Clear differences have begun to emerge between Airbus Industrie and Aviation Industries of China (AVIC) over the longer-term direction of the proposed A318/AE100 programme, with the European consortium pressing for the development of a smaller, rather than larger, aircraft.

Negotiators from Airbus subsidiary joint venture, Airbus Industrie Asia (AIA), have reached tacit agreement with AVIC on the initial development of two basic versions, seating 100 and 125 passengers in a single class, 813mm seat-pitch configuration. The two sides hope to conclude a preliminary accord during French president Chirac's visit to China in May.

AIA's parent consortium in Toulouse and AVIC differ, however, on how to develop the aircraft's baseline design. Airbus wants priority to be given to shrinking the A318/AE100, while AVIC is pushing to develop a larger, 135- to 140-seat, stretched version.

"We're concentrating primarily on the 100-seater category," says Airbus senior vice-president John Leahy. "From our point of view, the next step in that category would be the 85-seater-that's the most logical way," he adds.

Airbus says that it would then have an aircraft in a size category not now contested by Boeing, offering cockpit commonality with its larger product line. Airbus is also keen to avoid having a larger AE100 version overlap with its products. "If you look at stretching that aircraft, you immediately compete, not just with the A319, but with Boeing," argues Leahy.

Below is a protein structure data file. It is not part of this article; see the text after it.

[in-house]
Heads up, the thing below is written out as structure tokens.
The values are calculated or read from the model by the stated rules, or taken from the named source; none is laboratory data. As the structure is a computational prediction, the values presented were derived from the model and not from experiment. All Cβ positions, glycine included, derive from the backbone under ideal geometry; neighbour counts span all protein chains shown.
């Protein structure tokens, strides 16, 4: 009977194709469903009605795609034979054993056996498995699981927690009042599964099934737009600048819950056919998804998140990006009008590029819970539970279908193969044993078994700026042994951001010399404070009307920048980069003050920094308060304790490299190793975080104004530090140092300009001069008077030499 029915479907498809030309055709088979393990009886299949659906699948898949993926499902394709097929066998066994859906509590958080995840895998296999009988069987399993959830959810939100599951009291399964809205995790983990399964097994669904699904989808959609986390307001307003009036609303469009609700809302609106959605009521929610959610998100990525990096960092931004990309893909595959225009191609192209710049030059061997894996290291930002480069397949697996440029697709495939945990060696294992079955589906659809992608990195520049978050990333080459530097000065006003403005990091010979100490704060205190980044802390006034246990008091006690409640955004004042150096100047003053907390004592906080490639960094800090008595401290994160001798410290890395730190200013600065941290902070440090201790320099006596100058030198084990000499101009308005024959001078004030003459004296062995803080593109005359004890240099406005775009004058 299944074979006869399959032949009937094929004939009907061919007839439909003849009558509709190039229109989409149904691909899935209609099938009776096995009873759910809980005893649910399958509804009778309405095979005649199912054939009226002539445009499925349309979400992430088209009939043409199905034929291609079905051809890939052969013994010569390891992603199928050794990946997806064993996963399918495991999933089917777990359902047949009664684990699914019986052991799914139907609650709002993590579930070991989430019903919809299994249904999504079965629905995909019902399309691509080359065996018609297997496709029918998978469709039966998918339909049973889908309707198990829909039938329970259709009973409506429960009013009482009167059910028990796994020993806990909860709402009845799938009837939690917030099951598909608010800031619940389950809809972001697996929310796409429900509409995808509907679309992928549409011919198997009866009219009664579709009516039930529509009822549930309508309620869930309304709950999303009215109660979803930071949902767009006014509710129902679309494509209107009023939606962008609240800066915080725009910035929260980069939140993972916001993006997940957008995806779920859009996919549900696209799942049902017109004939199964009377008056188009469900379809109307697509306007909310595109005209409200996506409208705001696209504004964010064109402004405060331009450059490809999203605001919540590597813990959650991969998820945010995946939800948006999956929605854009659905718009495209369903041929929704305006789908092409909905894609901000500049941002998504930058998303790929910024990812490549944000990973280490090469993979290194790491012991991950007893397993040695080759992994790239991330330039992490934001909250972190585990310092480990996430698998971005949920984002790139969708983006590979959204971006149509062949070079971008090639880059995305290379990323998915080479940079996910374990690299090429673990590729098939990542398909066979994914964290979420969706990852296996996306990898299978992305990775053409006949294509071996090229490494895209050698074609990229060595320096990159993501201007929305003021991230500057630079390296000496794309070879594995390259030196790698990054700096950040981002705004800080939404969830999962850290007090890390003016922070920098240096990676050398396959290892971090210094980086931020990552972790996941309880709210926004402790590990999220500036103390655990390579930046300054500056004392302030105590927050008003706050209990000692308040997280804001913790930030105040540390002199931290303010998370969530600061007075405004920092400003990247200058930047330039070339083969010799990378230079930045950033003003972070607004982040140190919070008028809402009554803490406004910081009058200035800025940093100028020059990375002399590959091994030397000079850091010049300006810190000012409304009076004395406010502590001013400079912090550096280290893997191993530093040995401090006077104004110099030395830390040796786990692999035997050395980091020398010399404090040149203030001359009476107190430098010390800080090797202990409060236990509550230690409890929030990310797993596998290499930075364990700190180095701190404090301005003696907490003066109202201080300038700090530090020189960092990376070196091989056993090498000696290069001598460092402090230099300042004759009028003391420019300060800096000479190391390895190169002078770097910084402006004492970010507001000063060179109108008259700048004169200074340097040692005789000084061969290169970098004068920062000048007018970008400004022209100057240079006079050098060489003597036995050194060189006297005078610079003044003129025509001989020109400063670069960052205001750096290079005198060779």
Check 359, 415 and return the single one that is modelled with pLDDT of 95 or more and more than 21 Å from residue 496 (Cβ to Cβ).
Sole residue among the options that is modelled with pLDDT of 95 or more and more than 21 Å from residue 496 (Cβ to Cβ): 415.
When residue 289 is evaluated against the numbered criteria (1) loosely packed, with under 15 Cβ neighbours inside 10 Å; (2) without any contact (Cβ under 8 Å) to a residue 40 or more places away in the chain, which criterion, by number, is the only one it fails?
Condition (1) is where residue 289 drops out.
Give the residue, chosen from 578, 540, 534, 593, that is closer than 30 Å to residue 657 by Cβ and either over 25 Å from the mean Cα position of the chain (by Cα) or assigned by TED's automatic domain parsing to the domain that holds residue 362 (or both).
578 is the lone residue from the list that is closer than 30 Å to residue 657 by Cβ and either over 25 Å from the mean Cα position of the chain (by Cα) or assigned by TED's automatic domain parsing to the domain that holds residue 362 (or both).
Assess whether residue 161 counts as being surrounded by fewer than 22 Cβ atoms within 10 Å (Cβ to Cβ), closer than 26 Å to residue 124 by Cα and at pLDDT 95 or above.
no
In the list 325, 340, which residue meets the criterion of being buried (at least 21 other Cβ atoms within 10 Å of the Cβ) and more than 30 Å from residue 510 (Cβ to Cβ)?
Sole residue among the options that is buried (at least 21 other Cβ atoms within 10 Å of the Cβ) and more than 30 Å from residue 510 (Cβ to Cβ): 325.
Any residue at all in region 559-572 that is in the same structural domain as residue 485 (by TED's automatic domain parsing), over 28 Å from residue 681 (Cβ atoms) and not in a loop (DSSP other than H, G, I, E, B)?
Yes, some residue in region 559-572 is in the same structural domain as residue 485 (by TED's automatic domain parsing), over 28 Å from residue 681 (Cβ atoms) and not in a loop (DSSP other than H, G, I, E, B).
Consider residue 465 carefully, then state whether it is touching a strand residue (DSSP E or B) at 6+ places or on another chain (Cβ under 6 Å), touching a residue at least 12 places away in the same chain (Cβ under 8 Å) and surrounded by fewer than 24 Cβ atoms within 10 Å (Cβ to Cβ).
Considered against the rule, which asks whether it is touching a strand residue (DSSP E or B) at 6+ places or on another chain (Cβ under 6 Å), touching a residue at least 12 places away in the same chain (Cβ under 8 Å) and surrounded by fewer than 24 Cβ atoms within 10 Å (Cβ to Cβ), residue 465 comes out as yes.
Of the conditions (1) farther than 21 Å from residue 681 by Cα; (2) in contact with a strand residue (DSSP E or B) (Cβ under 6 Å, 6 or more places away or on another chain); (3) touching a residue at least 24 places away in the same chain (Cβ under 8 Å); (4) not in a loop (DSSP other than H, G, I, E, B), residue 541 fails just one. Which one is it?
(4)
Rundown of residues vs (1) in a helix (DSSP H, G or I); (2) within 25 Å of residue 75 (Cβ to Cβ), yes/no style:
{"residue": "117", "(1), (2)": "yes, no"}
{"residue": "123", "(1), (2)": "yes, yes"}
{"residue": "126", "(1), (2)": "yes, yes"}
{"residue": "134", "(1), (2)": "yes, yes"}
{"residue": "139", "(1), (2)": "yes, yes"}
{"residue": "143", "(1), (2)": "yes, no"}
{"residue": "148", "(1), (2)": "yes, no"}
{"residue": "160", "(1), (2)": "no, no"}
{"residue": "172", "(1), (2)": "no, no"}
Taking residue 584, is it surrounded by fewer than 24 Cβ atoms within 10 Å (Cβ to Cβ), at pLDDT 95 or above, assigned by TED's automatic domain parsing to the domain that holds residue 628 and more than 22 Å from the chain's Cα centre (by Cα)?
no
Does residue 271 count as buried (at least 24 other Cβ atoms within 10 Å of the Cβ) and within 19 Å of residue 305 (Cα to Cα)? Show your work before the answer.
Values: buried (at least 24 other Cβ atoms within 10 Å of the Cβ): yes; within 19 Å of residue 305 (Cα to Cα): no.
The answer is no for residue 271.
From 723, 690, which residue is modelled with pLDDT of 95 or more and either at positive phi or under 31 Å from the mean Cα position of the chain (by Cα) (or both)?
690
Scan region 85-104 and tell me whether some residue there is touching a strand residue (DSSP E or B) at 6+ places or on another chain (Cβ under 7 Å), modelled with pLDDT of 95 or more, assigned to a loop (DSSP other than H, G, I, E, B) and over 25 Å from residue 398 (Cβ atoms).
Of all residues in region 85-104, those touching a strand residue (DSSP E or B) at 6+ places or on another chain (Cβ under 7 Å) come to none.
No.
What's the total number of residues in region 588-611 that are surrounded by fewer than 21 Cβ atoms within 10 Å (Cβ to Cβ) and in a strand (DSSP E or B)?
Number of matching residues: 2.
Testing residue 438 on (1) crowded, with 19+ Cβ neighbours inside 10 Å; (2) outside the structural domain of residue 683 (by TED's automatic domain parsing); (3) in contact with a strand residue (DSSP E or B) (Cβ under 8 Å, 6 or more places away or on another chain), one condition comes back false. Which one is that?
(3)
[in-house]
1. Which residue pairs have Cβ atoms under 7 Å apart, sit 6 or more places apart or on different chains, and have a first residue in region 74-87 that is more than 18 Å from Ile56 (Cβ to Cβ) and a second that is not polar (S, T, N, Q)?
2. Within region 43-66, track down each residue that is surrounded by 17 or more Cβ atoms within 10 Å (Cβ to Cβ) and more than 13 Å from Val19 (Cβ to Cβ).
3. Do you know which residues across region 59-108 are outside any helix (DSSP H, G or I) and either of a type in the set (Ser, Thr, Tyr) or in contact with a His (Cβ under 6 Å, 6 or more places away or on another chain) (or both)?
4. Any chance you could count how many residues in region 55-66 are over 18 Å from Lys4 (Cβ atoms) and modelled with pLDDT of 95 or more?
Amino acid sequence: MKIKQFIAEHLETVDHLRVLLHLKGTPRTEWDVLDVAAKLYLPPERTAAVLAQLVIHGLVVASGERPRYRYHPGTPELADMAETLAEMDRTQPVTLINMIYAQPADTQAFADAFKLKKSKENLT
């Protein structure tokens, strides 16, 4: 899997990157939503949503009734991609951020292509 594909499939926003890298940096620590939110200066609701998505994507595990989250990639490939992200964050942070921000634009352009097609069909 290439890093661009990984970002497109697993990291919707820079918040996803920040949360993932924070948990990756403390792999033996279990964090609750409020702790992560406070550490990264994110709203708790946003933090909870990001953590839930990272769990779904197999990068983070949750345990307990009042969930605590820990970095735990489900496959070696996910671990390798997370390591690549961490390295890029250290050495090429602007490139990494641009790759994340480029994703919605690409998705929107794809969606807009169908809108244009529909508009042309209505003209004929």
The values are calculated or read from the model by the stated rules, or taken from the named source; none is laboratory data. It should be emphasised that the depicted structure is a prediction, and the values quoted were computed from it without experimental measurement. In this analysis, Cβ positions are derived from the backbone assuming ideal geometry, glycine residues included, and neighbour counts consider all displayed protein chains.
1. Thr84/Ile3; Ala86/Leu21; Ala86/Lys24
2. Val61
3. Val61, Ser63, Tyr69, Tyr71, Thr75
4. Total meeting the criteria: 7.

AVIC has other plans, however. "They want to have a smaller aircraft and we can understand that, but it's different from our intentions. We want to grow the aircraft upwards and so we've had differences on this," says Tang Xiao Ping, AVIC director-general of international co-operation and trade. Officials within the European consortium quietly suggest that the real differences are between Airbus' commercial directorate, headed by Leahy, and AIA.

Airbus has also confirmed that it is bidding to supply a follow-on batch to the 30 A320s sold to China Aviation Supplies in 1996.

Source: Flight International